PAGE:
The 2005 National Public Survey on White Collar Crime

Authors: John Kane & April D. Wall

Publication: National White Collar Crime Center

Year: 2006

Relevance:This broad survey measures various forms of fraud and identifies factors associated with victimization.

Summary: This national survey polled a random sample of 1,605 adults about their personal and household experiences with white collar crime. These crimes include consumer fraud, embezzlement, identity theft, and many others.

Overall, 46.5% of households and 35% of individuals reported experiencing at least one form of these crimes within the previous year (p. 2). This was a 10% increase in household victimization over NW3C’s previous survey (1999).

There was an average of 1.49 victimizations per respondent within in the previous year (p. 11) and 2.23 victimizations per respondent within their lifetimes (p. 12).

  • Rate by type: The most common types of victimization were product pricing fraud (35.9%), credit card fraud (24.5%), unnecessary object repairs (20.8%), and being directly affected by national corporate scandals (21.4%) (p.2).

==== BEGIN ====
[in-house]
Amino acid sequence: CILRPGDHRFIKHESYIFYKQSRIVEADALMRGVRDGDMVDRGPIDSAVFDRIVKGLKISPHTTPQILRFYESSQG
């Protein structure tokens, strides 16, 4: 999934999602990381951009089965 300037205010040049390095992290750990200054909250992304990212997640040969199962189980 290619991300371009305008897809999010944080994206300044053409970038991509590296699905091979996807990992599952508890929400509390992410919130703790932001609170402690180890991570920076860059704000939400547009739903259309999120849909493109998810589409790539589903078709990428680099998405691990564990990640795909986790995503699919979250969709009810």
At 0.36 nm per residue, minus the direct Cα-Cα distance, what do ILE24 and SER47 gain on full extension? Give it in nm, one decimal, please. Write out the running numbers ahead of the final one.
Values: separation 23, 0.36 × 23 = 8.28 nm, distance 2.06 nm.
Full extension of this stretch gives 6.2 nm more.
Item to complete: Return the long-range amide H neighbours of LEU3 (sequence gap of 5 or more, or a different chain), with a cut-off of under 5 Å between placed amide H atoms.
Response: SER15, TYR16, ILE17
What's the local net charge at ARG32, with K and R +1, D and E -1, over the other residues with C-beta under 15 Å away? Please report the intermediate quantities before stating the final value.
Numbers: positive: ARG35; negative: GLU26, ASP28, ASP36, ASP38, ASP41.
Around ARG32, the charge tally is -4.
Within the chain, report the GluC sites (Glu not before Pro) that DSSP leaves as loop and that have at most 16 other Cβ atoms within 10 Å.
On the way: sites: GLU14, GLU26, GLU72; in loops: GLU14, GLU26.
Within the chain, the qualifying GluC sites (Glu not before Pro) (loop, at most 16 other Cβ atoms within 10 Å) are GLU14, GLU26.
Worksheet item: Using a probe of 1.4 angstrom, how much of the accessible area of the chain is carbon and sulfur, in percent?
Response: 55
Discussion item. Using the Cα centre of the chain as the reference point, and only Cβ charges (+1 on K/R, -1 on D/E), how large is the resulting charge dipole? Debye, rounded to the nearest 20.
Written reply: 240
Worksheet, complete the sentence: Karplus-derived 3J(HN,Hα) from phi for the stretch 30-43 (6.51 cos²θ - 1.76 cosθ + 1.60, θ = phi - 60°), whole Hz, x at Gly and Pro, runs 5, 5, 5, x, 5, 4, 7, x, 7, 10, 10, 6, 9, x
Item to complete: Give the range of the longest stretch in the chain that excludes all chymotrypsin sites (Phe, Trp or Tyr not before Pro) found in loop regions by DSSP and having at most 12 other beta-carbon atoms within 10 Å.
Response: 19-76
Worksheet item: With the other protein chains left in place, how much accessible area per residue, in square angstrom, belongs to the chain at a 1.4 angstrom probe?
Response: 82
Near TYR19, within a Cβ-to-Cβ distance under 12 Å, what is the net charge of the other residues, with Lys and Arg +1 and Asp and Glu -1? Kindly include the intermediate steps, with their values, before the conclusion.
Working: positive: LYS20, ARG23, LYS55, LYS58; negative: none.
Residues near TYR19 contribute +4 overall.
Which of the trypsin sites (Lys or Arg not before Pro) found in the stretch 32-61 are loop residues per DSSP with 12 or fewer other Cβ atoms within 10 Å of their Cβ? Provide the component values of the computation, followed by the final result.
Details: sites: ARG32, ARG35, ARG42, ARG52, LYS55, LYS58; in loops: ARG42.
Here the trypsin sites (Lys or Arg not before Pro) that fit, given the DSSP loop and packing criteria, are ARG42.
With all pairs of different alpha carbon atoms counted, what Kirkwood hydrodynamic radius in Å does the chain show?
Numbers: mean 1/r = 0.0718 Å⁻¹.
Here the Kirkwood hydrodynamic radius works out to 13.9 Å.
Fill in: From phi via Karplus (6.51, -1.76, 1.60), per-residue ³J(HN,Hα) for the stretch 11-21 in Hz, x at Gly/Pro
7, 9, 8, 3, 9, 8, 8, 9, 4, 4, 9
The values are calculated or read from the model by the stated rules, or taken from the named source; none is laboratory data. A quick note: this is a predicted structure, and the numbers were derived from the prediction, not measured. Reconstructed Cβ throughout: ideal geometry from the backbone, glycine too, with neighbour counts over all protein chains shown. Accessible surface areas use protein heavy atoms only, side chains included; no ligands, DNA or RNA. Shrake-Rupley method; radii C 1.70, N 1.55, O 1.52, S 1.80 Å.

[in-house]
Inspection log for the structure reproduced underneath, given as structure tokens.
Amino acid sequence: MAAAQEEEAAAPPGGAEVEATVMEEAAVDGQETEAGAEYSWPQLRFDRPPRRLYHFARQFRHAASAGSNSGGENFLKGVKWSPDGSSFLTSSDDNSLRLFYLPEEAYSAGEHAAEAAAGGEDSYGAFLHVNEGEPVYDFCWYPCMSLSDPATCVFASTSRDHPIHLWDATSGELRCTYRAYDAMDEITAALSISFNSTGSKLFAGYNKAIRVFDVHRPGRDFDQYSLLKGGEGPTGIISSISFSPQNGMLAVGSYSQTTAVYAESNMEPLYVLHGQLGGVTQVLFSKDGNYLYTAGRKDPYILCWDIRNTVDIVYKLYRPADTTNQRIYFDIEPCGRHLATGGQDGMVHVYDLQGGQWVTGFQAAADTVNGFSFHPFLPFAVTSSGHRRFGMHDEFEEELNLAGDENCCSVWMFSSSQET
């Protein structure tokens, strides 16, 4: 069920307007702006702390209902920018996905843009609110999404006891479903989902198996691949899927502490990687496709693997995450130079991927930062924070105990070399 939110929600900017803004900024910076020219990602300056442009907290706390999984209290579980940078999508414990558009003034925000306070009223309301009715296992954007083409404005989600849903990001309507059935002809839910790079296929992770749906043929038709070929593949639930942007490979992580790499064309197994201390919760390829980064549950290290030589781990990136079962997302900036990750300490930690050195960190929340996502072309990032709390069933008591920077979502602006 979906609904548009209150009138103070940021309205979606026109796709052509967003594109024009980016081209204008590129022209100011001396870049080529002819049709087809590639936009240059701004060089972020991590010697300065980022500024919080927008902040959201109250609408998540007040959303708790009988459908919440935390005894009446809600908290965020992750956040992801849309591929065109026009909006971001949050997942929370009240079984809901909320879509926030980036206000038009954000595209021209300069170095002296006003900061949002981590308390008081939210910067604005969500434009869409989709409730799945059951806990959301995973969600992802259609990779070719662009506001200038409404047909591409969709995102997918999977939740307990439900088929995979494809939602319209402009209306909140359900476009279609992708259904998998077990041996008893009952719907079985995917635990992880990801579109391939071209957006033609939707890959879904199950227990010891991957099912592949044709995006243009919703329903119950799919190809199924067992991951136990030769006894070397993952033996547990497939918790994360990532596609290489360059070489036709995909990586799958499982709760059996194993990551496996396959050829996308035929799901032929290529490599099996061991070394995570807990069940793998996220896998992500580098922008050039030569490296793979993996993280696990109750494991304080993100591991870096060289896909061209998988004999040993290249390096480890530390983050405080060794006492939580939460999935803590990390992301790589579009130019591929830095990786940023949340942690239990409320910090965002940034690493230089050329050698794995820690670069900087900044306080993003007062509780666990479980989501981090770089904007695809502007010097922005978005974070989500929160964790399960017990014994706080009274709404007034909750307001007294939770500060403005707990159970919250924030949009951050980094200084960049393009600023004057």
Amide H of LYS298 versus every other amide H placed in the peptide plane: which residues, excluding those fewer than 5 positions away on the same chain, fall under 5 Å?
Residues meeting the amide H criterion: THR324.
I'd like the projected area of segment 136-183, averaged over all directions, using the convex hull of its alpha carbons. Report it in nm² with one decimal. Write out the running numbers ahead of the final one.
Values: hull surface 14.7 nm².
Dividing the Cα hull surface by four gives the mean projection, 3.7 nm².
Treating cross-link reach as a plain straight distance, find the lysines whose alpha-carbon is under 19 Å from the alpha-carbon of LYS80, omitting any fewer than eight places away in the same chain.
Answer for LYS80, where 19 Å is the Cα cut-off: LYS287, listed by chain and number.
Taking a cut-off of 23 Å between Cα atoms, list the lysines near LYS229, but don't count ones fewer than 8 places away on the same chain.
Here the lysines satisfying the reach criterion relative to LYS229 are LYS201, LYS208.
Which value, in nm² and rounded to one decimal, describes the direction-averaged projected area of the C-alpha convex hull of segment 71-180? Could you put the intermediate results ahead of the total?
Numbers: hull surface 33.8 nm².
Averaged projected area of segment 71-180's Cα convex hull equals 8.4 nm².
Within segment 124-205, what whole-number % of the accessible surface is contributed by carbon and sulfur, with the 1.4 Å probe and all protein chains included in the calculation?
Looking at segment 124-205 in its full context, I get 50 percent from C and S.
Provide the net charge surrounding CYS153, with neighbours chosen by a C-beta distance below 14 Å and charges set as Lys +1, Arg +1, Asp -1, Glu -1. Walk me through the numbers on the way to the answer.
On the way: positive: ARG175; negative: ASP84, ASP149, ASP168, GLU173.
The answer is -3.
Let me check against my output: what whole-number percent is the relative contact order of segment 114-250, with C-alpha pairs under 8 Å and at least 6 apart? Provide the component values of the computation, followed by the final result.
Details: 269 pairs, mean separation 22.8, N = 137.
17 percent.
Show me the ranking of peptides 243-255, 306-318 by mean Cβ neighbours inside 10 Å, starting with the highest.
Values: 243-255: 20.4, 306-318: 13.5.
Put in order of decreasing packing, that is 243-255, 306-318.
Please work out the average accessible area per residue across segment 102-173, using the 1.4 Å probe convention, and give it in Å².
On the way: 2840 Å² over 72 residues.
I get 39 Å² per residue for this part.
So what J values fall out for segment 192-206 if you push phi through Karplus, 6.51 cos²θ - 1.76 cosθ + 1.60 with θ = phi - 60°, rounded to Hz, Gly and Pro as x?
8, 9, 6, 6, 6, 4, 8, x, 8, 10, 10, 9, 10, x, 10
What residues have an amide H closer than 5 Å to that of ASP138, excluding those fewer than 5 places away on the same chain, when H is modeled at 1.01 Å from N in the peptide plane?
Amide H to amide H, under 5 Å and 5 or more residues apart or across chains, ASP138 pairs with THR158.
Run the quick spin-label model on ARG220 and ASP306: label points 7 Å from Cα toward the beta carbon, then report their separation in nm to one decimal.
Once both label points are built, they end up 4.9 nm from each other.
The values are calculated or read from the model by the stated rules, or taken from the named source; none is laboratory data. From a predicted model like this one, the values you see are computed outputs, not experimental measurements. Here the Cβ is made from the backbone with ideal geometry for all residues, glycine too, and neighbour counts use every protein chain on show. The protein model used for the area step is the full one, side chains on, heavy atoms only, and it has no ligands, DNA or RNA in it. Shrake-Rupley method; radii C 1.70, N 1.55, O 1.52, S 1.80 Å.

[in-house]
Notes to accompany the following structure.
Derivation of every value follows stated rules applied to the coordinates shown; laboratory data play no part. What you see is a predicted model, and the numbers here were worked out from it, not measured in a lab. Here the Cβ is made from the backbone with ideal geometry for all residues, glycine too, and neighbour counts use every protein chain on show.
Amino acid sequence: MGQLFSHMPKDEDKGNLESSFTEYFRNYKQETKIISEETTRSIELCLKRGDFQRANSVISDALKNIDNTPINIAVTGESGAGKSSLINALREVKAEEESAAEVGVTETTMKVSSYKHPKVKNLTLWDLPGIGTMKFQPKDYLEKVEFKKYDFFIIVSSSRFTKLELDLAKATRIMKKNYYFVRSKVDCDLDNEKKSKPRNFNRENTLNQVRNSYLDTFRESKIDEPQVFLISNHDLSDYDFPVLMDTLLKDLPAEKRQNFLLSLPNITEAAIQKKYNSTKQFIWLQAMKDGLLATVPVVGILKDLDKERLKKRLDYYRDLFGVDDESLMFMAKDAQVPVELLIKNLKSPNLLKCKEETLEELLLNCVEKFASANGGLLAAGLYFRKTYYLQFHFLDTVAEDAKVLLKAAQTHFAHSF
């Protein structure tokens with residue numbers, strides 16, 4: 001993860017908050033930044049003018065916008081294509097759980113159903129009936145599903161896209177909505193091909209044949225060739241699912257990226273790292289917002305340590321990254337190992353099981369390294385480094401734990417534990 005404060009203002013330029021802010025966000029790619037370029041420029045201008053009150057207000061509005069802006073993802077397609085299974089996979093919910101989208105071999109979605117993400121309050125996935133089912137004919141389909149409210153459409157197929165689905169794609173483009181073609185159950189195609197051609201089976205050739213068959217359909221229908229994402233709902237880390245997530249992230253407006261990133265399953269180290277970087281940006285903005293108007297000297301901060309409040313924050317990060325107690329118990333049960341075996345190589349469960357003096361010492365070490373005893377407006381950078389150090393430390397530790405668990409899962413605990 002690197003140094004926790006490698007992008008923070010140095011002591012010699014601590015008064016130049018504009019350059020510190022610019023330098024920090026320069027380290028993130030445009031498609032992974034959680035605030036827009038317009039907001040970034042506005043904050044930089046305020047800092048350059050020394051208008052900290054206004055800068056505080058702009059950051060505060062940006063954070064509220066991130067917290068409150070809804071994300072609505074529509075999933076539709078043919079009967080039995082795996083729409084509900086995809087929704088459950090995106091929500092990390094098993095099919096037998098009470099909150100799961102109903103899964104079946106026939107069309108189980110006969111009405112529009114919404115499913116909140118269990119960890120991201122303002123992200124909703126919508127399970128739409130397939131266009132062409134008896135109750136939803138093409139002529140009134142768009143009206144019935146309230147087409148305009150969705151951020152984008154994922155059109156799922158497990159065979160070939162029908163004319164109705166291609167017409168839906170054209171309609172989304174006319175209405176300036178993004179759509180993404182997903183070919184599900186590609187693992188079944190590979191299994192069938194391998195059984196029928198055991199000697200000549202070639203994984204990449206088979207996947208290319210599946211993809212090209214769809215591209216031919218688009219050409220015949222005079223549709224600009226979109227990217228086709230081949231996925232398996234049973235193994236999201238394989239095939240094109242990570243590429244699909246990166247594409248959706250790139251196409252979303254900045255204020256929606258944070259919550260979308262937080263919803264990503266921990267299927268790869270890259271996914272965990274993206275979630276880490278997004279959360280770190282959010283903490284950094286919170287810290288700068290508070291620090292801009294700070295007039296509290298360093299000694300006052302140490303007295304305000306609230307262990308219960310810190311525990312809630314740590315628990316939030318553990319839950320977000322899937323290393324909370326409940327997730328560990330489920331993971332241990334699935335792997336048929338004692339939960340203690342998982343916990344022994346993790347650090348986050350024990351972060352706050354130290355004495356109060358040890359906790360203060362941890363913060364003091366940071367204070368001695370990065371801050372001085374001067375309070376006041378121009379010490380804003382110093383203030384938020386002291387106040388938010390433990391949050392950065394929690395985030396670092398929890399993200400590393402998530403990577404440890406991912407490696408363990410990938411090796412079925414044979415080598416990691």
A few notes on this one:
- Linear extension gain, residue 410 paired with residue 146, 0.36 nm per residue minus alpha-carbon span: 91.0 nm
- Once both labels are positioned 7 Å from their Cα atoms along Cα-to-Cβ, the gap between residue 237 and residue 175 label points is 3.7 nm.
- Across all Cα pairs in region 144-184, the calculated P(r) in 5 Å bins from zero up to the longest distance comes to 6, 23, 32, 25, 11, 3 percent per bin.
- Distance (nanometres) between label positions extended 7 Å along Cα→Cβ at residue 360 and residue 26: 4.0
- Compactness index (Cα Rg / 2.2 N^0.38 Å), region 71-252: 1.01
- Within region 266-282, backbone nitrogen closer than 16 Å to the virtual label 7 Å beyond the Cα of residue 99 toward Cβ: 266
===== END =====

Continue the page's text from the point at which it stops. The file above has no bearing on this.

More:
• Vulnerability (lifetime): “For the lifetime measure the variables associated with increased victimization rates were being male, Caucasian, having a higher income, and using the Internet.” p. 2
  • Vulnerability (12-month): “On the 12- month level, those factors most closely associated with being victimized were utilizing the Internet and living in an urban setting” (p. 2).
  • Reporting: Overall, “only 14.43% of total victimizations were brought to the attention of any type of criminal justice agency” (p. 11).
  • Perception: “Respondents view white collar crime as being as serious as more traditional crime types” (p. 3). “Organizational offenses are viewed more harshly than those committed by individual offenders” (p. 3).

More details on each sub-section can be found in the full source survey (see link below).

First Paragraph: In 1999, the National White Collar Crime Center (NW3C) conducted a national public survey on white collar crime. The telephone-based survey elicited responses from 1,169 U.S. adults in the areas of public perceptions of crime seriousness, risk behaviors, white collar crime victimization, and reporting behaviors. The types of victimization measured included: frauds involving product pricing, “free prizes,” and auto repair; 800/900 number scams; unauthorized pin number use; unauthorized credit card use; Internet fraud; and financial planning fraud.

Full Source